Disinheriting someone in a will can seem like a painful slight; a way to hurt someone or reinforce the message that there was no remaining value in a relationship.
However, the fact is that sometimes disinheriting someone in a will means something else — something far less dramatic than what people expect. Before you make any assumptions about disinheritance or using such language in your own estate plan, you should know that there can be another side to this decision.
Burt Reynolds’ decision to disinherit
As a reminder that there can be more to disinheritance than meets the eye, we can look at the estate plan of Burt Reynolds, who recently passed away.
According to reports, Reynolds stated in his will that he intentionally omitted his only son. He stated that he did so because he already provided for his son during his lifetime. He also noted in his will that he established a Declaration of Trust for the benefit of his son.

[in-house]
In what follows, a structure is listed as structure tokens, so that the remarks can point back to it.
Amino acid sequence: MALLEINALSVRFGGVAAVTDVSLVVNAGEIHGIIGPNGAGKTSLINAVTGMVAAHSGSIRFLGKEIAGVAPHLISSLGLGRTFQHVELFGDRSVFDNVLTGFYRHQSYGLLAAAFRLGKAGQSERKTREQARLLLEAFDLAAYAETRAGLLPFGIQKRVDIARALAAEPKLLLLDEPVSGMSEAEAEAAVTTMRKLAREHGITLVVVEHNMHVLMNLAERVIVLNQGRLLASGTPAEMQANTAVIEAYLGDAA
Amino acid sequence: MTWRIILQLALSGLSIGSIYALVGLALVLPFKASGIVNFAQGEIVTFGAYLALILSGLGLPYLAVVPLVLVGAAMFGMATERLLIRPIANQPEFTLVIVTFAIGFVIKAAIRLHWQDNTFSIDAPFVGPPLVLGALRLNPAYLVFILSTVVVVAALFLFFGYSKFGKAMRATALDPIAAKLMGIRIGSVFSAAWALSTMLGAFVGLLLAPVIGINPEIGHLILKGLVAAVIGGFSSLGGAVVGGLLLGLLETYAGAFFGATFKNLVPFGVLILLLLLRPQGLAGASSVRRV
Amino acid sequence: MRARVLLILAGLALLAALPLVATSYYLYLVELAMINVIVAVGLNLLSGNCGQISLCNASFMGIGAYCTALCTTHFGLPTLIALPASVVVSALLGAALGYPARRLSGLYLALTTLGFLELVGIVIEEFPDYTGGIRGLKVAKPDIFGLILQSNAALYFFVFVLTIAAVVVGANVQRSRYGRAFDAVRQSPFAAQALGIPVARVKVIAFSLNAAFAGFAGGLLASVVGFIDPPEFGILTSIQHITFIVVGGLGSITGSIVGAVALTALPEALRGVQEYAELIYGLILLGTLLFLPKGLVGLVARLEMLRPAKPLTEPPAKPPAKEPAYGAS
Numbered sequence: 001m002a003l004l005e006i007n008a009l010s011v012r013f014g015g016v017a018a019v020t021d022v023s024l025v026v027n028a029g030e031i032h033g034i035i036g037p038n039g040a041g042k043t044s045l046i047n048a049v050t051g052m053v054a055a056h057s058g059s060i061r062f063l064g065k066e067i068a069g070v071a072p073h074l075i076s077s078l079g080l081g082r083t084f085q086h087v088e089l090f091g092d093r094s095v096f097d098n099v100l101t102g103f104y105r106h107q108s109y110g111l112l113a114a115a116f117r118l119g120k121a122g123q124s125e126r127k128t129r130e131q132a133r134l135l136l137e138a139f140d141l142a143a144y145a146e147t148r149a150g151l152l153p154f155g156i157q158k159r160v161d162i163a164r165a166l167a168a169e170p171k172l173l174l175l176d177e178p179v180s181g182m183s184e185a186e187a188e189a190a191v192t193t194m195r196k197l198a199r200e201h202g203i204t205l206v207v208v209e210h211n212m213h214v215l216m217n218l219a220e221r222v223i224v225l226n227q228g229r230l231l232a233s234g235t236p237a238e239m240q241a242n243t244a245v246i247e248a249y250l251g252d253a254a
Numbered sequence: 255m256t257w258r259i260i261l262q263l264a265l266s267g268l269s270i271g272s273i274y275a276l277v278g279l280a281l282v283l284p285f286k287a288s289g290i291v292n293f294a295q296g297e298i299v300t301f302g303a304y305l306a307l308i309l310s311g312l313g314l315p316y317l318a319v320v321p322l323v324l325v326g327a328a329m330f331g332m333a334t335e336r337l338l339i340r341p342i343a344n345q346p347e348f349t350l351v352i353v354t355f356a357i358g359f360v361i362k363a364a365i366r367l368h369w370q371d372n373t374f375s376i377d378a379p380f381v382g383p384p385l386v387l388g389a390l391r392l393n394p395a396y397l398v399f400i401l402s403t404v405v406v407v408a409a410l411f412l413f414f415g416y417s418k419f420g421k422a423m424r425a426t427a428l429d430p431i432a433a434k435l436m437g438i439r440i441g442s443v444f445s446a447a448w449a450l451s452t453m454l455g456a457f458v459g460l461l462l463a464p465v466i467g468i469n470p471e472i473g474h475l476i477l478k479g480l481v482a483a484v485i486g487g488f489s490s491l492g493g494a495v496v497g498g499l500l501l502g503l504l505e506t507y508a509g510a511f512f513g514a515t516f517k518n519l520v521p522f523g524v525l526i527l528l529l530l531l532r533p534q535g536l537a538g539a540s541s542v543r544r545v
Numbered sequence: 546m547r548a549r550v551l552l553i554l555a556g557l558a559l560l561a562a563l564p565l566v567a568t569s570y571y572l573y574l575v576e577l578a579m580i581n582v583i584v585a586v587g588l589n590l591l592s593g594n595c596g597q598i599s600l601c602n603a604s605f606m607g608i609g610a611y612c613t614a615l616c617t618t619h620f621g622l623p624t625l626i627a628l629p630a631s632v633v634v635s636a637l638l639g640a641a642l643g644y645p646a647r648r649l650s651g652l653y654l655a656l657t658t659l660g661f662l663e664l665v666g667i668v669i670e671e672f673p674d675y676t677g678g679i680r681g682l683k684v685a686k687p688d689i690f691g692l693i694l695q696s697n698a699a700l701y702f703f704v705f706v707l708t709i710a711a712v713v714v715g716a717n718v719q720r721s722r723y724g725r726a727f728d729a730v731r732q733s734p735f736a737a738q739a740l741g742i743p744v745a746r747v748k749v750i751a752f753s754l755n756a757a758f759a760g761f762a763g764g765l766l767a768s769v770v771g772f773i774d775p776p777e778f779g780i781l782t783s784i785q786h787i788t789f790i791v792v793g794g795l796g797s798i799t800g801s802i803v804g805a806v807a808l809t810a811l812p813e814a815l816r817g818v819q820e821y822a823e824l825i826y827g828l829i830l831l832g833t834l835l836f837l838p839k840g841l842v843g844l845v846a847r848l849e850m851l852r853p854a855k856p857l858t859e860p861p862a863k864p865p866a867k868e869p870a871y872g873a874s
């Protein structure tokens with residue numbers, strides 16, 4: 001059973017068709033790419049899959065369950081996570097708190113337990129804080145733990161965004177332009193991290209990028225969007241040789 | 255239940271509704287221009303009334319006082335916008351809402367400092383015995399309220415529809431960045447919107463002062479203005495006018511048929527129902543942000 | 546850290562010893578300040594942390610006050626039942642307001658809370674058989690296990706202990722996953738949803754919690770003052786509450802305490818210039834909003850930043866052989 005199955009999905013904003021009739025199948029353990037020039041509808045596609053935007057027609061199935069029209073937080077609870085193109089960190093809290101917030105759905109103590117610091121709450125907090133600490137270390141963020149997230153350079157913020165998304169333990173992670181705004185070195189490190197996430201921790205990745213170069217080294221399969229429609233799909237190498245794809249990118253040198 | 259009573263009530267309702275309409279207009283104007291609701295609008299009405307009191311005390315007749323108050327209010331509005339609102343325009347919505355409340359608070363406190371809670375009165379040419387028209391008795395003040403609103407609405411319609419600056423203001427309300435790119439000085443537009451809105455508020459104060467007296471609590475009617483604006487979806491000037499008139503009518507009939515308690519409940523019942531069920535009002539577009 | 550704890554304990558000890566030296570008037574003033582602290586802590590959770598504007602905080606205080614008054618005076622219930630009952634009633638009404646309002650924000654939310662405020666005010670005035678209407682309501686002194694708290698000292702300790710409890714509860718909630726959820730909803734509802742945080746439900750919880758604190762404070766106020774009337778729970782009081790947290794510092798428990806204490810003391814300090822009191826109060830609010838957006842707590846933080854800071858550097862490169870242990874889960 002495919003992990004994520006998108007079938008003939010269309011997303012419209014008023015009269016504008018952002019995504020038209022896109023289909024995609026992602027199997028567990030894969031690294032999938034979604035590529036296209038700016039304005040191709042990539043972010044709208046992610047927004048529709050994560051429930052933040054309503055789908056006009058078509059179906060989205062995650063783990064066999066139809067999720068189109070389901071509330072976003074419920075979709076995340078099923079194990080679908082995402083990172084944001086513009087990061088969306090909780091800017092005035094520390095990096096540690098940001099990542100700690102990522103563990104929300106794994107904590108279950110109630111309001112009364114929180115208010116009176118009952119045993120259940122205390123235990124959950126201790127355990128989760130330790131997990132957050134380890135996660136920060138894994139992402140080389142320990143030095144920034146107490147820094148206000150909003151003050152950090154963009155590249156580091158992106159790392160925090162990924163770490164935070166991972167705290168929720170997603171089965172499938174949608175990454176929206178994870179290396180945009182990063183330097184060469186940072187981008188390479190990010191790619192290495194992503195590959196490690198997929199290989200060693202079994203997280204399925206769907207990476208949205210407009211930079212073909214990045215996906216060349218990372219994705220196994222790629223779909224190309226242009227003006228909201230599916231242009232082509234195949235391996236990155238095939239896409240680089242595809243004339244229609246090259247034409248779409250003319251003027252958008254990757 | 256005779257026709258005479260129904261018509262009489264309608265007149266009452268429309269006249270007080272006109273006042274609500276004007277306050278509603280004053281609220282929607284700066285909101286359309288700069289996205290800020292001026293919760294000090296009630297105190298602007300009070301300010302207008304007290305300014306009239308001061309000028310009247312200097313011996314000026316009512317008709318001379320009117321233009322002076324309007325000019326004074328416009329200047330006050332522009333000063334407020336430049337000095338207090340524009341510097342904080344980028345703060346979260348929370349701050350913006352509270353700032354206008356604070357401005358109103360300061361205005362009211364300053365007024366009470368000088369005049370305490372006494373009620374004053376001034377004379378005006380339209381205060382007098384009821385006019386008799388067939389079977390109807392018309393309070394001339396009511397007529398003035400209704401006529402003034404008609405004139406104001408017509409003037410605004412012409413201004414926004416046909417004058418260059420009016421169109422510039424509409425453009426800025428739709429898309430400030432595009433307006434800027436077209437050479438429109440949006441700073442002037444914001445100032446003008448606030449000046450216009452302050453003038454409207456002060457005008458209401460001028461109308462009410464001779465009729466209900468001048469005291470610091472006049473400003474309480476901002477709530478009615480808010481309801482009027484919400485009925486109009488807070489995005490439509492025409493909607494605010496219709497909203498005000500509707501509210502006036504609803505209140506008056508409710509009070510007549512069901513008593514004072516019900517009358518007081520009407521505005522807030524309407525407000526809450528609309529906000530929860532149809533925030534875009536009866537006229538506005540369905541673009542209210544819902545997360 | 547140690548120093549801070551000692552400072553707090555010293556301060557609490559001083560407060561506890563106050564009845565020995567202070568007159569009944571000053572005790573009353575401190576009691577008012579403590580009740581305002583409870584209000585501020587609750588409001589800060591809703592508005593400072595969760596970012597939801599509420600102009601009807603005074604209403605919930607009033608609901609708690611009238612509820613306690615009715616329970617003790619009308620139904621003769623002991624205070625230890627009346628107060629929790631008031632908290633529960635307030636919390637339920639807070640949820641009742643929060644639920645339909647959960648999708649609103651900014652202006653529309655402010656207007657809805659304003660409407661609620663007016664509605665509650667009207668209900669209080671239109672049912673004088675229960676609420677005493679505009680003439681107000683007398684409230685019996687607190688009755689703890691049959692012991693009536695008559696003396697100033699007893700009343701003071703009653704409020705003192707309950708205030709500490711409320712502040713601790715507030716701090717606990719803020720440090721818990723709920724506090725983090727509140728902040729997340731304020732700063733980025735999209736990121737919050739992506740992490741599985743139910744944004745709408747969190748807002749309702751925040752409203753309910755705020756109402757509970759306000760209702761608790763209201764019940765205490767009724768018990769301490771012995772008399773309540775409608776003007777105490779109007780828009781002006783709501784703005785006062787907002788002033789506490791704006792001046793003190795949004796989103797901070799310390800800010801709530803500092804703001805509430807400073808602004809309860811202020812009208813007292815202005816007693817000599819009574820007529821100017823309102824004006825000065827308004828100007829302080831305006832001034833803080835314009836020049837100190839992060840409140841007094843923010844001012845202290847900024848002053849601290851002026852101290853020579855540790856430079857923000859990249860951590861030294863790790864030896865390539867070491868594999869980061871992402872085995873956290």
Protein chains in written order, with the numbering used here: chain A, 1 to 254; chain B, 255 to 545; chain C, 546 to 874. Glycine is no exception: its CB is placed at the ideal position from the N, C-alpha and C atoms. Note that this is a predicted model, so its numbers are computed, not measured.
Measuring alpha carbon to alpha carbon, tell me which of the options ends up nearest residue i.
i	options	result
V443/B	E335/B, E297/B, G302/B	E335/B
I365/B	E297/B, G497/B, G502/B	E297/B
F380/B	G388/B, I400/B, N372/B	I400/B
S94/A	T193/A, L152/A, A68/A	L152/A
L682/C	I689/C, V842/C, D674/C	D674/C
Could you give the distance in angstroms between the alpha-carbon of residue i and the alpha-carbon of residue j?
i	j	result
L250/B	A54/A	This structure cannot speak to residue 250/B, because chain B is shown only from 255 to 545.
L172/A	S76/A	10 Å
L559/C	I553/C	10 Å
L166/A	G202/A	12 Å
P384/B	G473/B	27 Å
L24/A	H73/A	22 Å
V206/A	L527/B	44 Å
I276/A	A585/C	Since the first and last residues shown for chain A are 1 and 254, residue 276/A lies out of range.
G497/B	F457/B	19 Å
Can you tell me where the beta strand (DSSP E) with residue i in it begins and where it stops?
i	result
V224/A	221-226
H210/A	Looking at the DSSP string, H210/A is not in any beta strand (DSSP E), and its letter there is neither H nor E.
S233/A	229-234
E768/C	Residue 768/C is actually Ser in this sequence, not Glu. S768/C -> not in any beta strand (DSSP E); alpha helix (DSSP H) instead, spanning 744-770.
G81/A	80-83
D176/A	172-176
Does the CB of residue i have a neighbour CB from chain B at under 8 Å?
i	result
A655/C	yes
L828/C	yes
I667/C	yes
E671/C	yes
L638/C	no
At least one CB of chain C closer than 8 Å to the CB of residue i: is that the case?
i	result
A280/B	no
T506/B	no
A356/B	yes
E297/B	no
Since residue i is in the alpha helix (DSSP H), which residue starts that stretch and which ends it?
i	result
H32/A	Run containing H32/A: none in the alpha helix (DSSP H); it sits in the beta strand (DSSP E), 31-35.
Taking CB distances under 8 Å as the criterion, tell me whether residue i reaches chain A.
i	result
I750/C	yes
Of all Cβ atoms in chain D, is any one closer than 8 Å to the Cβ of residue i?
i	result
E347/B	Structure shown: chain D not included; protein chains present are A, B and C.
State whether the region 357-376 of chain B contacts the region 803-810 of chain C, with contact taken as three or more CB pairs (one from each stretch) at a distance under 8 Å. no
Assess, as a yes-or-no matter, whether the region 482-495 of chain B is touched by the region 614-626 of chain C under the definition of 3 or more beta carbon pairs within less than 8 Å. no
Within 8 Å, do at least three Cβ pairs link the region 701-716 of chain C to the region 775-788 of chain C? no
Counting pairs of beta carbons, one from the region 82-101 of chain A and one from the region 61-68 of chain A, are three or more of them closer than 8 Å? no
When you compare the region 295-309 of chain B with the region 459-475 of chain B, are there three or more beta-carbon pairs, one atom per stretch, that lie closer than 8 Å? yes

While we cannot know for sure what this means, as the contents and specifications of a trust are private, sources reason that Reynolds’ disinheritance of his son was not meant as a slight, but rather as an indication that he had other arrangements in place.
Lessons we can learn
While it might seem tempting to bristle upon seeing the word “disinherit” in a person’s will, it is wise to remember that such decisions are not always as dramatic as they seem, as appears to be the case with Reynolds and his son. And because other planning options, including trusts, are confidential, the public may never be privy to these details. This can create some confusion, but typically only among those who are not involved in the trust or estate administration process.
This can also be a reminder that there is great value placed on the things people say in their estate plans. Often, these documents are the final word on a person’s wishes, and they are under great scrutiny. Because of this, it is vital that the language in these documents be clear, enforceable and accurately reflective of a person’s wishes.